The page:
His arthritis would have happened very gradually, let’s say over the course of at least ten years for argument’s sake. His pain really has been occurring for five months. The difference of arthritis between six months ago when he didn’t have pain, and five months ago when he did start having pain, would have been minimal. So what changed?
We could rationalize that there was a certain “tipping point” where the arthritis begins to be truly symptomatic. And I think that that's a valid explanation and this "tipping point" could have happened for this patient when he began to have a lot of pain some months ago.
However the presentation that I was seeing on the patient was not so much pain as a result of degeneration or arthritis, but it was consistent with his pre-emptive fear of worsening of his condition. We call this hypervigilence (3,4). How did I judge that it was more to do with hypervigilence rather than actual joint arthritis? I arrived on that conclusion only after a very thorough assessment and clinical reasoning.
So I rationalized that his condition was more to do with the fact he was hypervigilent and that was actually increasing stiffness and pain. He was pre-empting pain and moving like “this” when he could actually move upto here and here quite comfortably. He was operating within his self-imposed limitation, that was unnecessarily restrictive.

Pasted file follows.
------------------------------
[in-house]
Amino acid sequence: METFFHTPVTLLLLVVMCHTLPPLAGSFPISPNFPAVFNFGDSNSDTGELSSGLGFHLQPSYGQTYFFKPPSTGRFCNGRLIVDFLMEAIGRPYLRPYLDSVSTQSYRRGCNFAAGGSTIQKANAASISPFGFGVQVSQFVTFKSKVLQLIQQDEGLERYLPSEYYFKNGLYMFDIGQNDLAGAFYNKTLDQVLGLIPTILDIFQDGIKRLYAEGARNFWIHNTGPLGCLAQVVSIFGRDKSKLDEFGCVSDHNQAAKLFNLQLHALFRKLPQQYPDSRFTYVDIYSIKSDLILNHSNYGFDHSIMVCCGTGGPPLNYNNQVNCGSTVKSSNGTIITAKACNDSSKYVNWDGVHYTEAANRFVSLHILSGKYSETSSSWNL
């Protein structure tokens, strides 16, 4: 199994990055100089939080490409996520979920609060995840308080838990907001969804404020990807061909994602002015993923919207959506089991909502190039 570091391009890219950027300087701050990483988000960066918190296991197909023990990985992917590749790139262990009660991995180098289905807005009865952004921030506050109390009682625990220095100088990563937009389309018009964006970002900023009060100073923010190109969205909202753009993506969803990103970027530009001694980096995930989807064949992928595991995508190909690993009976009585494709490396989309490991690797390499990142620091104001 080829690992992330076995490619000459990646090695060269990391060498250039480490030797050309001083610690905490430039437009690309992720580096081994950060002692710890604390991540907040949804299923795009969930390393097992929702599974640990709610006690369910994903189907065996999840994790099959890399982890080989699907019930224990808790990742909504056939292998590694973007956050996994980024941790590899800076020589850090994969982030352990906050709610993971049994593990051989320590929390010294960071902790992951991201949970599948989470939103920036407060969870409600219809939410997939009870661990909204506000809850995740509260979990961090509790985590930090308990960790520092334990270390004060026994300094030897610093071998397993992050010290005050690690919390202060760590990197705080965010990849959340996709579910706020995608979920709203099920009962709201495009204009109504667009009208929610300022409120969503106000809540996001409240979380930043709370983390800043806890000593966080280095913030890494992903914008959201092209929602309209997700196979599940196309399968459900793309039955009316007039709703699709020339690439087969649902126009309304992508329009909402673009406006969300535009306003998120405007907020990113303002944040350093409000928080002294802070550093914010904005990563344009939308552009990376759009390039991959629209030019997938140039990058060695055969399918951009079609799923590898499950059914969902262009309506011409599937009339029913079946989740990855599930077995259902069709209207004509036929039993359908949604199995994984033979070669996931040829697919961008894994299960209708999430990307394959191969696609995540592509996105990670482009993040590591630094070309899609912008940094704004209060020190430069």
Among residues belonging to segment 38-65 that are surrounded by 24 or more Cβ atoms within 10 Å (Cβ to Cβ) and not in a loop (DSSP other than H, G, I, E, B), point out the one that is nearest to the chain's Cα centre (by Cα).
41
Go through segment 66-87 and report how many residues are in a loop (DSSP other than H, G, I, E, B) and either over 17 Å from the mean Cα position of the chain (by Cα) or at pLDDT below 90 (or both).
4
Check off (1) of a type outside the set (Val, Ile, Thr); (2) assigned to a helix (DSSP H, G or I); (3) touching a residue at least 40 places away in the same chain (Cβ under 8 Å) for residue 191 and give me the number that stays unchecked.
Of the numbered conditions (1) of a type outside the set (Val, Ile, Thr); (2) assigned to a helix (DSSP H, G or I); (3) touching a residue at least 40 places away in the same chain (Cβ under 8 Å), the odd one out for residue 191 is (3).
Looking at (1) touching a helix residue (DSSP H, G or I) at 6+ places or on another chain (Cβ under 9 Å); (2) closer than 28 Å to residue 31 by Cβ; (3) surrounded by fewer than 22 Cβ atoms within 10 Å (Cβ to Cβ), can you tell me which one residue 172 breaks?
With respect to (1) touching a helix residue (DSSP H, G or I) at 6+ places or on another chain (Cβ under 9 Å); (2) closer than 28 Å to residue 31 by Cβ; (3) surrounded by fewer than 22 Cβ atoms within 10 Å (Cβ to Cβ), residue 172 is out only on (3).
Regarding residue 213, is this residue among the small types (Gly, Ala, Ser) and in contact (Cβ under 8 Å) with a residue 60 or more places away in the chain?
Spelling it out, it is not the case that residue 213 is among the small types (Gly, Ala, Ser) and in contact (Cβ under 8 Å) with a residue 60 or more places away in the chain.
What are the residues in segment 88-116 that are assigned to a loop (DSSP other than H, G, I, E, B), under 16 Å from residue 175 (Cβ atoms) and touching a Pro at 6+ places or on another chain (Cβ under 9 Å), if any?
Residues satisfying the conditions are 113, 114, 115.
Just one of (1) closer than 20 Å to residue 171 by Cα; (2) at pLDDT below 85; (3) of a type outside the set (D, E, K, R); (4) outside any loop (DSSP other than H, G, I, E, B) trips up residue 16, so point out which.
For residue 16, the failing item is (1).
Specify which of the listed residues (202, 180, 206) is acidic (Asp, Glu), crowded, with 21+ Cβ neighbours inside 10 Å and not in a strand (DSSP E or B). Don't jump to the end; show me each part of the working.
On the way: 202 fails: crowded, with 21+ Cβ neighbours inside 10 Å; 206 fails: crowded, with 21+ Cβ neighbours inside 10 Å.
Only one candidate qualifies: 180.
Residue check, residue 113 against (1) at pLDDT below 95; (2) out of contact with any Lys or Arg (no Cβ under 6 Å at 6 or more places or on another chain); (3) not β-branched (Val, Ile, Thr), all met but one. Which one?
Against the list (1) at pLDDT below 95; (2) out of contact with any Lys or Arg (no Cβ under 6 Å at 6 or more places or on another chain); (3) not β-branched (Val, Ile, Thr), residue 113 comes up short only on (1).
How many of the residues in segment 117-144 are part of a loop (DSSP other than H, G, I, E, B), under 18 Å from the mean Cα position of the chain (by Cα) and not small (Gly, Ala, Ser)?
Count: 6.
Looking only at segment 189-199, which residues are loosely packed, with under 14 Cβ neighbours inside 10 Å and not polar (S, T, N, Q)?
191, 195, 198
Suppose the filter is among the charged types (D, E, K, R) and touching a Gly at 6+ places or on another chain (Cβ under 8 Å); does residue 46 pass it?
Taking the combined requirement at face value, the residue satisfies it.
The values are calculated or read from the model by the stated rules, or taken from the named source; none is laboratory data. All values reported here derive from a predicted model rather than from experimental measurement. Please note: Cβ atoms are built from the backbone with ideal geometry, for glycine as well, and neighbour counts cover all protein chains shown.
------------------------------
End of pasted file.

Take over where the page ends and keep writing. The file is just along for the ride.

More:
Not only is that self-imposed limitation unnecessarily restrictive, it would have actually resulted in maladaptation response from his body that results in pain. But THIS pain would be from maladaptation and NOT from the primary problem which was arthritis and degeneration.
Unfortunately patients cannot distinguish between these two and they think that the pain from the maladaptiation is from the arthritis. And this perspective simply but unfortunately, reinforces the original viewpoint that pain is worsening BECAUSE of arthritis, whereas in truth the pain might have been TRIGGERED due to arthritis but is PERSISTING or worsening because of his own hypervigilence.
It’s a vicious cycle in action: it’s sore, he doesn’t move because he’s afraid, it becomes sore because he doesn’t move, and he moves less because of worsening pain.